Moussaoui Defense Paints Picture of Mental Instability

Defense lawyers show Zacarias Moussaoui's notebooks as evidence of his insanity. But the prosecution says Moussaoui was lucid enough to make it to the U.S., take flying lessons and lie to the FBI. The testimony came during the sentencing phase of the confessed Sept. 11 conspirator's trial.

STEVE INSKEEP, host:

In another courtroom today, a jury hears more testimony on whether Zacarias Moussaoui is mentally ill.

Defense attorneys in Virginia say Moussaoui is, and that his condition should save him from the death penalty. As proof, the defense has turned to the mountain of legal documents the admitted al-Qaida conspirator filed when he was acting as his own attorney. NPR's Larry Abramson reports.

LARRY ABRAMSON reporting:

Moussaoui's own court filings are unmistakable. Written by hand on lined notebook paper, they often begin by insulting Moussaoui's attorneys or the judge. Jurors got a glimpse at some of those documents at court yesterday.

For example, Moussaoui frequently demanded that the FBI produce an electric fan, which he believed contained a government surveillance device. Moussaoui claimed this appliance would help explain the whole 9-11 plot, and might lead to his release.

But as psychologist Xavier Amador testified yesterday, Moussaoui recently asserted in court that the fan wasn't that important, and that he wasn't so sure it was bugged. Amador said such incidents show that Moussaoui is paranoid and delusional.

What will members of the jury make of this? Well, they don't have to conclude that Moussaoui is insane, because the jury is deciding on a sentence, not on guilt or innocence.

Christopher Slobogin teaches law and psychiatry at the University of Florida.

Professor CHRISTOPHER SLOBOGIN (Professor of Law, Psychiatry, University of Florida): Mental disorder at sentencing is, as a mitigator, is much less serious than the mental illness that is associated with insanity. The person's already been convicted, and the mental illness is merely meant to reduce the sentence.

ABRAMSON: But the defense has asserted, in fact, that Moussaoui is deeply disturbed. Psychologist Xavier Amador said he thinks Moussaoui is a paranoid schizophrenic who does not know he is sick; a common symptom of the disease, he says.

During cross-examination, prosecutor David Novak tried to pick apart that diagnosis. He noted that Moussaoui had refused to participate in most efforts to evaluate his sanity, and that Amador only had a brief encounter with the prisoner. He said that Moussaoui is not completely disorganized, as many psychotics. He had the ability to make plans, come to the United States, take flying lessons, and lie to the FBI.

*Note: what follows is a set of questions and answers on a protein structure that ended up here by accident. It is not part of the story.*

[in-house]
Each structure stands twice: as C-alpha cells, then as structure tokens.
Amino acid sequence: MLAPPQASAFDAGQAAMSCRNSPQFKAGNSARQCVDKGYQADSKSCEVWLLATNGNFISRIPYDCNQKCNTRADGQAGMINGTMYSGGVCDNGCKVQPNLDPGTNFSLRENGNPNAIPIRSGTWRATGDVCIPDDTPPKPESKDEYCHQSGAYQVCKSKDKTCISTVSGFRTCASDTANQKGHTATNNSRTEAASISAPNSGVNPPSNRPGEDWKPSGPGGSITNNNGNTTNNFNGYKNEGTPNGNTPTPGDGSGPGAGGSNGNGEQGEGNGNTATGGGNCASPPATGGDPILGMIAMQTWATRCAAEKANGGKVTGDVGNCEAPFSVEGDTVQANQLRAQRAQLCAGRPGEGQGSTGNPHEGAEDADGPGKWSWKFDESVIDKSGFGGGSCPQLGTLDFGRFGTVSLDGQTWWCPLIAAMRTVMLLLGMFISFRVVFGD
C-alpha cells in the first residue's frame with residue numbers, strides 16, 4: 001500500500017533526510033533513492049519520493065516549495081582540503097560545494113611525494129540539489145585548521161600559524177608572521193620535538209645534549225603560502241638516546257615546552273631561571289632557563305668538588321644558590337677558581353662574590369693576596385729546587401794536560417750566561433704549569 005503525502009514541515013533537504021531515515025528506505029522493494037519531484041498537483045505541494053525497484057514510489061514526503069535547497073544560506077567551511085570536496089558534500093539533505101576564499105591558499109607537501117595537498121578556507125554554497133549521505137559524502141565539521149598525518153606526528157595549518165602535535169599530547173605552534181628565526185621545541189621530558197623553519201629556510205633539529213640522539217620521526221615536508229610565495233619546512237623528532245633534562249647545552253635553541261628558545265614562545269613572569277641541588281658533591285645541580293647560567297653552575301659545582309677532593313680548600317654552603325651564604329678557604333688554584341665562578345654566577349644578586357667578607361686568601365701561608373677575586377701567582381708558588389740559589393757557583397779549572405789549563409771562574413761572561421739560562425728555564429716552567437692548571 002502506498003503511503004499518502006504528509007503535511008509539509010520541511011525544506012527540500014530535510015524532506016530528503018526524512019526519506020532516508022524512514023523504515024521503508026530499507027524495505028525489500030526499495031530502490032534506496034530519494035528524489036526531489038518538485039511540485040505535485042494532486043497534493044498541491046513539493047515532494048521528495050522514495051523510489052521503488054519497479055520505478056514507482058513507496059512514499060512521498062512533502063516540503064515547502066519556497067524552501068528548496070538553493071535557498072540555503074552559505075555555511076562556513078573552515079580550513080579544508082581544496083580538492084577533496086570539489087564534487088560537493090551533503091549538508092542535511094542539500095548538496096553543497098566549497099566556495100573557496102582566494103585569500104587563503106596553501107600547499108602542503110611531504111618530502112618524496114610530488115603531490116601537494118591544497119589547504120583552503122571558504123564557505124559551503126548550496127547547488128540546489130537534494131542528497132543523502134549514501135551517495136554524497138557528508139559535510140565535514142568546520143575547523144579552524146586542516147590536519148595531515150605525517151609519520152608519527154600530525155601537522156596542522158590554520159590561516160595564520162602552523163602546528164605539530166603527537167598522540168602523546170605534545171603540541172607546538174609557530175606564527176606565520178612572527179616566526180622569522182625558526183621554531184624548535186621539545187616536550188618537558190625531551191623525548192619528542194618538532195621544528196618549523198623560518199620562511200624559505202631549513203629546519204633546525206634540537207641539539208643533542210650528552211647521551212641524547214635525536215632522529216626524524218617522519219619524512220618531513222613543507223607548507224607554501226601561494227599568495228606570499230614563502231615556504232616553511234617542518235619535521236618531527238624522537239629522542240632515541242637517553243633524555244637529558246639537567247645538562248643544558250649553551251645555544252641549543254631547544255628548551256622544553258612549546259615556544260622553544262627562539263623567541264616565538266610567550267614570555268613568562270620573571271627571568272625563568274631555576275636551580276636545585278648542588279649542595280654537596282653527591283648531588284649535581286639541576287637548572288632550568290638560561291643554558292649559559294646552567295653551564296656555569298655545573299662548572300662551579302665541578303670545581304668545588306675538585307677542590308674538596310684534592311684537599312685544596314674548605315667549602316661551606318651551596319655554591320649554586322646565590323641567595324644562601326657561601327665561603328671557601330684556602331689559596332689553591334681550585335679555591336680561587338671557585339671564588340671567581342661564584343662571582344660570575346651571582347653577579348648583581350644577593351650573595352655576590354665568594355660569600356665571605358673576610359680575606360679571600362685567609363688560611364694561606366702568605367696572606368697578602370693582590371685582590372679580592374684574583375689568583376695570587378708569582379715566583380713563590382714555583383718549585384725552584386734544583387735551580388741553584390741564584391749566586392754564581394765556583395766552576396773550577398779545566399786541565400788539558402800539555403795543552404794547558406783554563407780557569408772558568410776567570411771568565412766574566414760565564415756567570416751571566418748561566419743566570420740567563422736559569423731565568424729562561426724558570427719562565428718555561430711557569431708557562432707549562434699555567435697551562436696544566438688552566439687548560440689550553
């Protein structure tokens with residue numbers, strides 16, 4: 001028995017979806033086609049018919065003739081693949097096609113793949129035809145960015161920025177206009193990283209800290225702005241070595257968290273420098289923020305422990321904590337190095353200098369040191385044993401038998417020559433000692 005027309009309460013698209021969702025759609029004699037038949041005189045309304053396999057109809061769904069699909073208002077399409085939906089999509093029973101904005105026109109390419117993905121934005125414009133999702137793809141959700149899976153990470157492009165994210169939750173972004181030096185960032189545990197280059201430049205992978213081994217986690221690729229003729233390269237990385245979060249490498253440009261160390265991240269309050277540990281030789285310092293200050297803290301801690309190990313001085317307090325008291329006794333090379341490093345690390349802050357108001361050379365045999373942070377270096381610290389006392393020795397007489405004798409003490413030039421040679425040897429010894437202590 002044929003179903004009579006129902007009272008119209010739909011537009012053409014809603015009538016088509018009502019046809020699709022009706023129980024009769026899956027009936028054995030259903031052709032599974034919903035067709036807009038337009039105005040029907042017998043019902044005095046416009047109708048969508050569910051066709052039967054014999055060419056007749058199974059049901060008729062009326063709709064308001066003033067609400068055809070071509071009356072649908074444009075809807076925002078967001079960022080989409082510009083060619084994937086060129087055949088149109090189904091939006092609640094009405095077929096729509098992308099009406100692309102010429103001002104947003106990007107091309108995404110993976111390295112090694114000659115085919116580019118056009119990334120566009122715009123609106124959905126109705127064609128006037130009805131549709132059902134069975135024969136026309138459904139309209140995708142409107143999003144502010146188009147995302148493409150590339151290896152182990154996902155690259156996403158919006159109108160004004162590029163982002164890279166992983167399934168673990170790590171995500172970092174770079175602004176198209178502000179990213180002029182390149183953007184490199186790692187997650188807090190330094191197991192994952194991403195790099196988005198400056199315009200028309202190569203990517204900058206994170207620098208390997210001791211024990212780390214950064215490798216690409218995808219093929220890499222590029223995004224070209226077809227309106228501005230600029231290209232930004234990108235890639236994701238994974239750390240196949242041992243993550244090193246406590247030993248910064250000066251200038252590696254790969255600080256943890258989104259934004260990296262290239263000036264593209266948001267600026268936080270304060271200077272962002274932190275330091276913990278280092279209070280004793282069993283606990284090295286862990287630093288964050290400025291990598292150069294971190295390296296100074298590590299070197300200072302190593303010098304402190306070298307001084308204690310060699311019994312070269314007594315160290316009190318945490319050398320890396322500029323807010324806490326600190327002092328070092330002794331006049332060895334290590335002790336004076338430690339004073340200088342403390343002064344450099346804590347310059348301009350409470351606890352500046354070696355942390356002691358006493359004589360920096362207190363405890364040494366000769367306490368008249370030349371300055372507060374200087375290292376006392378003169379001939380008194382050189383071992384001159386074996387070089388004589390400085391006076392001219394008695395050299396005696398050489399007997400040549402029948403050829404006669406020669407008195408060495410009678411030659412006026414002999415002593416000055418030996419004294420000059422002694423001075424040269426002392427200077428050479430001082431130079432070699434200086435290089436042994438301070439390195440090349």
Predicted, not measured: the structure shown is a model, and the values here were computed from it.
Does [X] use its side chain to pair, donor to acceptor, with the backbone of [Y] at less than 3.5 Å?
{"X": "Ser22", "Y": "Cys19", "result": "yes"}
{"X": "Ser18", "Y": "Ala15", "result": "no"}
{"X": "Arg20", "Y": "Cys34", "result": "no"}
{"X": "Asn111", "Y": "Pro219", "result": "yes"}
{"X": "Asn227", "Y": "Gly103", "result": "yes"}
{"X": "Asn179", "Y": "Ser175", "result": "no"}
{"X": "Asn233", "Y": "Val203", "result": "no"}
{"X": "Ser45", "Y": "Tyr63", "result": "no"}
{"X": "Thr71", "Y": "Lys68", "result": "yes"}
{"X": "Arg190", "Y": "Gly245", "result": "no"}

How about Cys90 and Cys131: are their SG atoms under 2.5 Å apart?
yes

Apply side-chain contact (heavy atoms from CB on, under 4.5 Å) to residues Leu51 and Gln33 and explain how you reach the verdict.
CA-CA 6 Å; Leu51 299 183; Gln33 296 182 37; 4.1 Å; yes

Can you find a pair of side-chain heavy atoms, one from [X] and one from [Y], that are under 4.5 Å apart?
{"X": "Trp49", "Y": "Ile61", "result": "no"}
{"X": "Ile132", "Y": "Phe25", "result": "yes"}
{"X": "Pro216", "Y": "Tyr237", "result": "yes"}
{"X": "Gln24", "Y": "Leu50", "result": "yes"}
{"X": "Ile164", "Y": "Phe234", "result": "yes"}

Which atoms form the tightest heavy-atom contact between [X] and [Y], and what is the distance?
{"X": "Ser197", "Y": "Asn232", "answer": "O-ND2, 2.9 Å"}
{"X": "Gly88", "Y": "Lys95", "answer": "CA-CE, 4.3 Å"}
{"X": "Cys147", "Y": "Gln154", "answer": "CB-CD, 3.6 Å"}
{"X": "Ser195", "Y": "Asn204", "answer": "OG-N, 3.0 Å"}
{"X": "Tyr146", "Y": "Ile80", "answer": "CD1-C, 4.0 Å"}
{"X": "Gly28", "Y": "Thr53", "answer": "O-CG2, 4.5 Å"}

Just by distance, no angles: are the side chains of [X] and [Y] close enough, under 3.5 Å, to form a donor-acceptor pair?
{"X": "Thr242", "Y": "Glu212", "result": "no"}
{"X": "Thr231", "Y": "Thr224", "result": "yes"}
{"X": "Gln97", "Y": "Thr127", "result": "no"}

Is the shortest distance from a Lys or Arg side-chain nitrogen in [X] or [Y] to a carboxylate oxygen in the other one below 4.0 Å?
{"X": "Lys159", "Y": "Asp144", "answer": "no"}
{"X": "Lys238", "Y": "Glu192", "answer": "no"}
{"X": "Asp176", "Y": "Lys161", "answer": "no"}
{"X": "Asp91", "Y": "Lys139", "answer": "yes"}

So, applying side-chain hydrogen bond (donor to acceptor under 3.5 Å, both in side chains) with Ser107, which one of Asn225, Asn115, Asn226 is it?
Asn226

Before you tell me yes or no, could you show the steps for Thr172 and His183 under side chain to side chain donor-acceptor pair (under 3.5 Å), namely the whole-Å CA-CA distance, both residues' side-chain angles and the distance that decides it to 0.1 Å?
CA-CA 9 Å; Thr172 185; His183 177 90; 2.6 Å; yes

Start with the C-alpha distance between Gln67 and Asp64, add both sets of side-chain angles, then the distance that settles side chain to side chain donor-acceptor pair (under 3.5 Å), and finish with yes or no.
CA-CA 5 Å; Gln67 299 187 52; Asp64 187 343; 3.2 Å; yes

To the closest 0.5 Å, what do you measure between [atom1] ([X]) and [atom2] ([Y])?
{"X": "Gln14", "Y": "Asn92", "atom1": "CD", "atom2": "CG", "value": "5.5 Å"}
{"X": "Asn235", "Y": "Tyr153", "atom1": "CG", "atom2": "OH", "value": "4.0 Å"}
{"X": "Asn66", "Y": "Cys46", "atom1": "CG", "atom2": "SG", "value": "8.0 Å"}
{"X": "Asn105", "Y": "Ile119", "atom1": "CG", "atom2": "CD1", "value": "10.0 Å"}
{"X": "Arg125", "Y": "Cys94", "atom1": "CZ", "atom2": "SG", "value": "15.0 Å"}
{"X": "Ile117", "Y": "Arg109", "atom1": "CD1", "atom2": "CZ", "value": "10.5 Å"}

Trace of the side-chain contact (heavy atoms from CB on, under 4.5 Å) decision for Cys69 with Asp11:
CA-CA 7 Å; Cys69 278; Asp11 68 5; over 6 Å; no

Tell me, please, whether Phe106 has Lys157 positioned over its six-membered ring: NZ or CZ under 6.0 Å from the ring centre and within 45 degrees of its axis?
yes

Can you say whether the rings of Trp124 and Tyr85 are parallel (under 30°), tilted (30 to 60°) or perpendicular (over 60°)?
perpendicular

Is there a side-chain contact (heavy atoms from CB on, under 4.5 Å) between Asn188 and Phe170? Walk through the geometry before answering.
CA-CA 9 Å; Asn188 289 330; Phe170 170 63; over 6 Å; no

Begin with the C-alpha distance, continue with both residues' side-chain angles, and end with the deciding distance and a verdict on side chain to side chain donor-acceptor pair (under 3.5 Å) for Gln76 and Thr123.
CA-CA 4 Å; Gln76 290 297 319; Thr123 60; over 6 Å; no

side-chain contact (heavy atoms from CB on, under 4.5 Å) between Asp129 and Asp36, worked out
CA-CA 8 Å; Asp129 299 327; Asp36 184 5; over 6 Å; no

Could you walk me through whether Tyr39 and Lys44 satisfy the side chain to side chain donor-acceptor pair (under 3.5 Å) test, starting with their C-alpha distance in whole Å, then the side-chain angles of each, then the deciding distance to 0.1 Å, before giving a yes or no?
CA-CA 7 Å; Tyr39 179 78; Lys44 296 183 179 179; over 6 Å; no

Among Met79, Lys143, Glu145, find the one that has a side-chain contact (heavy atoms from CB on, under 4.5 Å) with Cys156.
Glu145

Psychologist Amador conceded that point, but said that just as often Moussaoui could not control himself. He wanted to represent himself in court but lost that right when he kept insulting the judge and defense attorneys.

Christopher Slobogin says the defense argument might work. But this approach can also backfire, he says, and lead to tougher sentences.

Prof. SLOBOGIN: And that's either as a result of believing the person is lying, is malingering, or the belief that the individual is mentally disordered, but that makes him more dangerous and therefore more deserving of the death penalty.

ABRAMSON: The impact of all this psychological testimony is difficult to gauge. In this phase of the trial the rules of evidence are looser, and the jury faces a complex formula for judging whether mitigating factors, such as mental illness, outweigh aggravating factors, such as the extreme pain many victims suffered.

Former federal prosecutor Andrew McBride says both sides are making important points.

Mr. ANDREW MCBRIDE (Former Federal Prosecutor): As of right now, I think the government has proven three statutory aggravating factors and the defense is on its way to establishing three of the mitigating factors; impaired capacity, minor participation in the crime as a whole, and no prior criminal record.

ABRAMSON: The complexity of the psychological evaluation has already extended the length of the trial. It's now predicted to go to the jury next week.

Larry Abramson, NPR News, Washington.

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